Czech respondents seem rather reluctant to define specific groups as lobbyists, except in the cases of public affairs agencies, NGOs and trade associations.

>

Whether the topic is of interest is the main consideration for a Czech respondent to speak to a lobbyist (70% compared with 54% across Europe).


Denmark >

Danish respondents generally have a positive view of lobbying Nearly three quarters cite transparency as a key issue, and over a third find lobbyists to be insufficiently transparent, particularly industry lobbyists Industry lobbyists are more effective than NGOs in almost every sector

>

>

Despite the lack of a clear consensus, respondents agree that the most positive aspects of lobbying are the capacity to share expertise (39%) and to play a constructive role in the decision-making process (32%). Very few respondents say that lobbying exerts undue influence over the democratic process (16%). Across the board, transparency was viewed by 71% as a key factor in determining whether to speak to a lobbyist. 39% mentioned that industry lobbyists often failed to be sufficiently transparent. Other criteria determining whether a respondent would meet with a lobbyist include whether the subject is of interest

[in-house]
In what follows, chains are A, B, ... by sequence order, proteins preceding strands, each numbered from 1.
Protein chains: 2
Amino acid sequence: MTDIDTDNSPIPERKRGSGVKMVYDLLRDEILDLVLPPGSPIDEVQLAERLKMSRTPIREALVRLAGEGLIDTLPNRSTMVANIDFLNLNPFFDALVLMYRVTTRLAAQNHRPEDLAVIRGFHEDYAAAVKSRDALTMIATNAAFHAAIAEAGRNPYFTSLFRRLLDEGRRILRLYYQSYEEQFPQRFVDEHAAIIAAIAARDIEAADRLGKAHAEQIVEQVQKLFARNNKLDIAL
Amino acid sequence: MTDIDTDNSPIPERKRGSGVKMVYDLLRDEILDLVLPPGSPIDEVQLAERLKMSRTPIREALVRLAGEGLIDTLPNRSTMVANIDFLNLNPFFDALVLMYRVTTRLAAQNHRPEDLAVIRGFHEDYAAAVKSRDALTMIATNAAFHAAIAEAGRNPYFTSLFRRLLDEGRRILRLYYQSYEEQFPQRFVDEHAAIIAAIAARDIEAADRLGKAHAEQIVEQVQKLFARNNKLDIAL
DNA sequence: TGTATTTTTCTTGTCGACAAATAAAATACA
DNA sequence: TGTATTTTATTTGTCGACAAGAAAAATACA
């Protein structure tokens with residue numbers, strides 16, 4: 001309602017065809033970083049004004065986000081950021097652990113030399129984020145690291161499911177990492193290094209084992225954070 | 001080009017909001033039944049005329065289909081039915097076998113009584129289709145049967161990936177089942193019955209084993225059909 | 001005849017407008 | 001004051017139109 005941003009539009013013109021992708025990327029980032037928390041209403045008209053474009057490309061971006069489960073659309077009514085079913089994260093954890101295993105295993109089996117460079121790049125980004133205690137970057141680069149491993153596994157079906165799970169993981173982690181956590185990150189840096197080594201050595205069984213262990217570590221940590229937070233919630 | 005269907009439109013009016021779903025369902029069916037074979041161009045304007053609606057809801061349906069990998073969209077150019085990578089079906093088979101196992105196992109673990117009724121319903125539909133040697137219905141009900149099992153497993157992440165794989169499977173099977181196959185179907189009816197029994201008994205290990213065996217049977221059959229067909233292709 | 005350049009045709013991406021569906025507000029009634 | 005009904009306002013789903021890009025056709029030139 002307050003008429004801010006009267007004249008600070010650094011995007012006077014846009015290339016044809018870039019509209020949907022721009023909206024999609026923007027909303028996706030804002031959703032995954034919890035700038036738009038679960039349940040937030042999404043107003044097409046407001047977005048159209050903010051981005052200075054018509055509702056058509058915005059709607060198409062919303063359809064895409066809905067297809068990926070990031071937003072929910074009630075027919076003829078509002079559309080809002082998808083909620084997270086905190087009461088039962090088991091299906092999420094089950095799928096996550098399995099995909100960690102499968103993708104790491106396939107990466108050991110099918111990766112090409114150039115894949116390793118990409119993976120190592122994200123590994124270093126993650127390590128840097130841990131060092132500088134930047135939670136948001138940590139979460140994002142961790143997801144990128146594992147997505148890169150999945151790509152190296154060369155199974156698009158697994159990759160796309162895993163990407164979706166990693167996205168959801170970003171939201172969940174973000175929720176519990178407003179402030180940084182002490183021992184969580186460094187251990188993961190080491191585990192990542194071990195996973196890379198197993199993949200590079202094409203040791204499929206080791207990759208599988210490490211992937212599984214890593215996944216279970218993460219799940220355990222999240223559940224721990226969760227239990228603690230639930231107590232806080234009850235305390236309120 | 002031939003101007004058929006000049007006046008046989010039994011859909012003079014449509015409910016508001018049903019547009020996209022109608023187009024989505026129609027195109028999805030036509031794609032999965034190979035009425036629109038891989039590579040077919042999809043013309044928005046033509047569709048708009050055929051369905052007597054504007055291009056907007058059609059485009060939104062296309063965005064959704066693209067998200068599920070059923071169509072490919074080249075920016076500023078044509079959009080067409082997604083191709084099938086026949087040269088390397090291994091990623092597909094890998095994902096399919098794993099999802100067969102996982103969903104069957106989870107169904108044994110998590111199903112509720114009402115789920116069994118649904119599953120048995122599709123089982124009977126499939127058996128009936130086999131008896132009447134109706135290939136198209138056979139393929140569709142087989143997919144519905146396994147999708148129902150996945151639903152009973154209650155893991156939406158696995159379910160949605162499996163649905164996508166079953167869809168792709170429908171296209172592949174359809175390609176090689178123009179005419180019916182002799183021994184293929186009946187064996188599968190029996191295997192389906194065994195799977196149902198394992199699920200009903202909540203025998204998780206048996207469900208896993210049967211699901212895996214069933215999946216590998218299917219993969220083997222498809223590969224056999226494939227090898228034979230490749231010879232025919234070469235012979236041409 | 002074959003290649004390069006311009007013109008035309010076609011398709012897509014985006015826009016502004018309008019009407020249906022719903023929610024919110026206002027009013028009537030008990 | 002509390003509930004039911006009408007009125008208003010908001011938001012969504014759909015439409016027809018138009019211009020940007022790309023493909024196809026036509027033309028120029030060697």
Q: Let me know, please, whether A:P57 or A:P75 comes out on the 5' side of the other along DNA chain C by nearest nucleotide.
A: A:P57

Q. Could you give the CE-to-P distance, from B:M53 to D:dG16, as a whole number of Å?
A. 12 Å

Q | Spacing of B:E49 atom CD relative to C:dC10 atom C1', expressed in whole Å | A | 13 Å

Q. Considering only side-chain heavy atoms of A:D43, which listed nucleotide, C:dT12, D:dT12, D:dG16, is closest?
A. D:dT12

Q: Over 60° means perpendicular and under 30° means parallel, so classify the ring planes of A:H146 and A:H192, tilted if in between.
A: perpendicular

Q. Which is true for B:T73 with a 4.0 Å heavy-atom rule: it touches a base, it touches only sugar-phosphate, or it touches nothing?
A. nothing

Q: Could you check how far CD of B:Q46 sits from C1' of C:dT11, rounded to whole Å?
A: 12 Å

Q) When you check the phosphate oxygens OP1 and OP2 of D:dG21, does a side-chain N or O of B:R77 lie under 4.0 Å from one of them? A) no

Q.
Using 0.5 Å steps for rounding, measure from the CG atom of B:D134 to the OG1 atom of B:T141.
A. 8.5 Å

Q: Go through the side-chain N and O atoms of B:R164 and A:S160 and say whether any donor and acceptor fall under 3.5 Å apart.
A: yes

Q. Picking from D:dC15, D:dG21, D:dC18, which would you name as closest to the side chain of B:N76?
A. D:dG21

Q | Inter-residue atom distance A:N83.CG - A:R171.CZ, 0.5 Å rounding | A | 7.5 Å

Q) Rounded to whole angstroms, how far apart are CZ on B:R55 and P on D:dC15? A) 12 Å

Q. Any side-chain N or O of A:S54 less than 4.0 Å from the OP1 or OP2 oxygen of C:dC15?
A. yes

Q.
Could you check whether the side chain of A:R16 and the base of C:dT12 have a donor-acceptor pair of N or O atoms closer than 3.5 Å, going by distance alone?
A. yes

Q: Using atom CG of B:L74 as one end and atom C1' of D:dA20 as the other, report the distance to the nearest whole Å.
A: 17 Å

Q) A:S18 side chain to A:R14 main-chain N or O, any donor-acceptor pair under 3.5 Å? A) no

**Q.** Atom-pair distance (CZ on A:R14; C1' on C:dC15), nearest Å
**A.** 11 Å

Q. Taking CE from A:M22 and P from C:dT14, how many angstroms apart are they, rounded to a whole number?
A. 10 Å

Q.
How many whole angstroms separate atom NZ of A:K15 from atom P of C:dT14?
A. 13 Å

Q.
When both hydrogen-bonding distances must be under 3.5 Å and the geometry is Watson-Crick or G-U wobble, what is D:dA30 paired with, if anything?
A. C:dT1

(68%), knowing the lobbyist (48%) and his being well-prepared (48%). Access to Danish regulators is easier than in other European markets, with 39% feeling an obligation to speak with anyone who calls - nearly double the 21% average of the surveyed markets. Among the poor lobbying practices by industry, Danish respondents identify the failure to understand legislative processes (55%), as well as being too aggressive (58%). Interestingly, NGOs score similarly on these weaknesses: 52% for failing to understand processes, and 45% for being too aggressive. For NGOs, the most prevalent shortcoming is basing their policy position on emotion rather than on fact (61%).

>